Mr. Kamarudin began by giving an overview of the Malaysian markets. He explained that the Malaysian bond market makes up 41% of Malaysia’s overall capital market and that over RM300 billion (approximately US$73 billion) has been raised for infrastructure development over past decade via the markets. He also noted that Malaysia is the world’s largest sukuk market with more than 50% of global outstanding sukuk originating from the country. Malaysia has the third largest bond market in Asia as a percentage of GDP and the largest in ASEAN.
As a regulator, Mr Kamarudin noted that there are four areas that are considered when trying to broaden the investor base:
- Provision of a facilitative and transparent regulatory framework that encourages diverse investor participation;
- Provision of an attractive tax regimes for domestic and foreign investors;
- Adoption of comprehensive measures for investor protection; and
- Adoption of internationally accepted standards on documentation and practices for bond market to ensure ease of issuances and transactions.
He explained how the SC had changed regulations on issuances in line with the increasing sophistication of the market and investors. For example, before 2000, issuances required ratings but after 2015 the SC did not require ratings for issuances which streamlined the process and allowed issuers to go to market faster. He noted that Malaysia is an issuer market so regulators have to ensure that requirements are accommodative to that fact.
He recommended that another way to broaden the investor base is to develop the investor management industry. The Malaysian market is primarily wholesale so there needs to be a greater focus on encouraging the growth of the retail market by increasing awareness and education. In order to do this, the SC is reviewing primary market issuance processes and disclosure requirements and expanding the range of corporate bonds and sukuk offered to retail investors. The SC is also working on introducing a framework to facilitate retail access to existing corporate bonds and sukuk which are currently traded in the wholesale market. These initiatives will be released in Q1 of 2018.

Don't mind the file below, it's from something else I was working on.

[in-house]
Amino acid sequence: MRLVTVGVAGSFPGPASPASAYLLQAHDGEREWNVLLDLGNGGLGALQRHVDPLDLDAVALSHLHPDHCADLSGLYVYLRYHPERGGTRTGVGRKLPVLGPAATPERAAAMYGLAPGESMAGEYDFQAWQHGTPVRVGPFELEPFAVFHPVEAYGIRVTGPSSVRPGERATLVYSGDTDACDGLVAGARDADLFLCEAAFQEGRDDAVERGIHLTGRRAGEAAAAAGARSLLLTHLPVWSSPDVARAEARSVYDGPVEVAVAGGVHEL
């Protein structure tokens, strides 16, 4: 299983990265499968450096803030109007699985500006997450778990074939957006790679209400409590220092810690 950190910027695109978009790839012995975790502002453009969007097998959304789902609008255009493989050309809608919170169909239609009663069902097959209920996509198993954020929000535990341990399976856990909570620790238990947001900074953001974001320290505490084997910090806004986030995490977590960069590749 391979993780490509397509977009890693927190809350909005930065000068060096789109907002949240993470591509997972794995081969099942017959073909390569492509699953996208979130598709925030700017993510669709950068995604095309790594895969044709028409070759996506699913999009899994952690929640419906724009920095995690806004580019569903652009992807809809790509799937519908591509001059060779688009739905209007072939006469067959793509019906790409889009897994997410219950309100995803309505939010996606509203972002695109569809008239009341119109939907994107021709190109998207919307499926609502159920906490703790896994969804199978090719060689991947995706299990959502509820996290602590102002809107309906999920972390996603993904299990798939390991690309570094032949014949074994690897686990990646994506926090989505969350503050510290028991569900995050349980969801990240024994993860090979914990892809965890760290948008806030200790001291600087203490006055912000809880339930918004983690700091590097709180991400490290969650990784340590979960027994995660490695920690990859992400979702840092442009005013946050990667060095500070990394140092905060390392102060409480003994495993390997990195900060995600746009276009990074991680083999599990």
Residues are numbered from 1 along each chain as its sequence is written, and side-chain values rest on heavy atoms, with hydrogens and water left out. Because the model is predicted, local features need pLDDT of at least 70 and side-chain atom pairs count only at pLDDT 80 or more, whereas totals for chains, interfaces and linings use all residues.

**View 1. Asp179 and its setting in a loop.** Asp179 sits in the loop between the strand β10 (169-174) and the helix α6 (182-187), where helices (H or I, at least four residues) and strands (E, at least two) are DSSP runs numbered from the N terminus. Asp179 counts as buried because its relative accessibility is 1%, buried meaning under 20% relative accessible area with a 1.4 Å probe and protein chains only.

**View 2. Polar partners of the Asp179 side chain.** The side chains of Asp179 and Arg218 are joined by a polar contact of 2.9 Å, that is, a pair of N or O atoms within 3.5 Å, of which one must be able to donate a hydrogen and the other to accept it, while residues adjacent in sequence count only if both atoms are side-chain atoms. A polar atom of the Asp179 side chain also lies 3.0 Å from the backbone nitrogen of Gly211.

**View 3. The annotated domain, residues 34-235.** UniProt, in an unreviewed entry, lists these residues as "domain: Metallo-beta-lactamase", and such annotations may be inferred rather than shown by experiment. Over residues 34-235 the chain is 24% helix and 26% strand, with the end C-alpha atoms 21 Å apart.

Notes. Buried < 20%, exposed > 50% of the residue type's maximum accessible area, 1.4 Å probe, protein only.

Mr Kamarudin also touched upon the Bonds and Sukuk Information Exchange (BIX) set up by the SC. BIX is a platform created to facilitating investor access to Malaysia’s RM1.3 trillion (US$ 0.32 trillion) bond market from one platform – the first of its kind the world – which provides comprehensive price and credit information on bond and sukuk to investors.
2. Issuer’s Perspective
Datuk Chung, CEO, Cagamas Berhad, spoke about Cagamas’ experience as the largest issuer of bonds and sukuk in Malaysia. He spoke about how Cagamas had broadened its investor base by diversifying the types of issuances to access foreign currency investors, the challenges of issuing across borders and, outlined some areas for regulators to address.
In 2014, Cagamas came out with the Multicurrency Medium Term Note Programme (EMTN) to widen the company’s investors base, reduce over-reliance on single benchmark for pricing, diversify funding sources, achieve competitively priced funding from an international liquidity pool, fund the potential purchase of non-Malaysian Ringgit assets and deepen and broaden the Malaysian and international debt capital market while reduce the overcrowding effect in the domestic market. Issuances of EMTNs have been successful in not only diversifying the number of foreign investors but also the types of investors. Currently, Cagamas has investors from Hong Kong, Singapore, Taiwan, Malaysia, Europe, offshore USA markets, China, Brunei, Korea and the Middle East whereas before the introduction on EMTNs Cagamas only had investors from Malaysia and Singapore. Additionally, Cagamas has also seen a change in the mix of institutional investors since the introduction of EMTNs.
Datuk Chung also listed the challenges of issuing cross border within the region: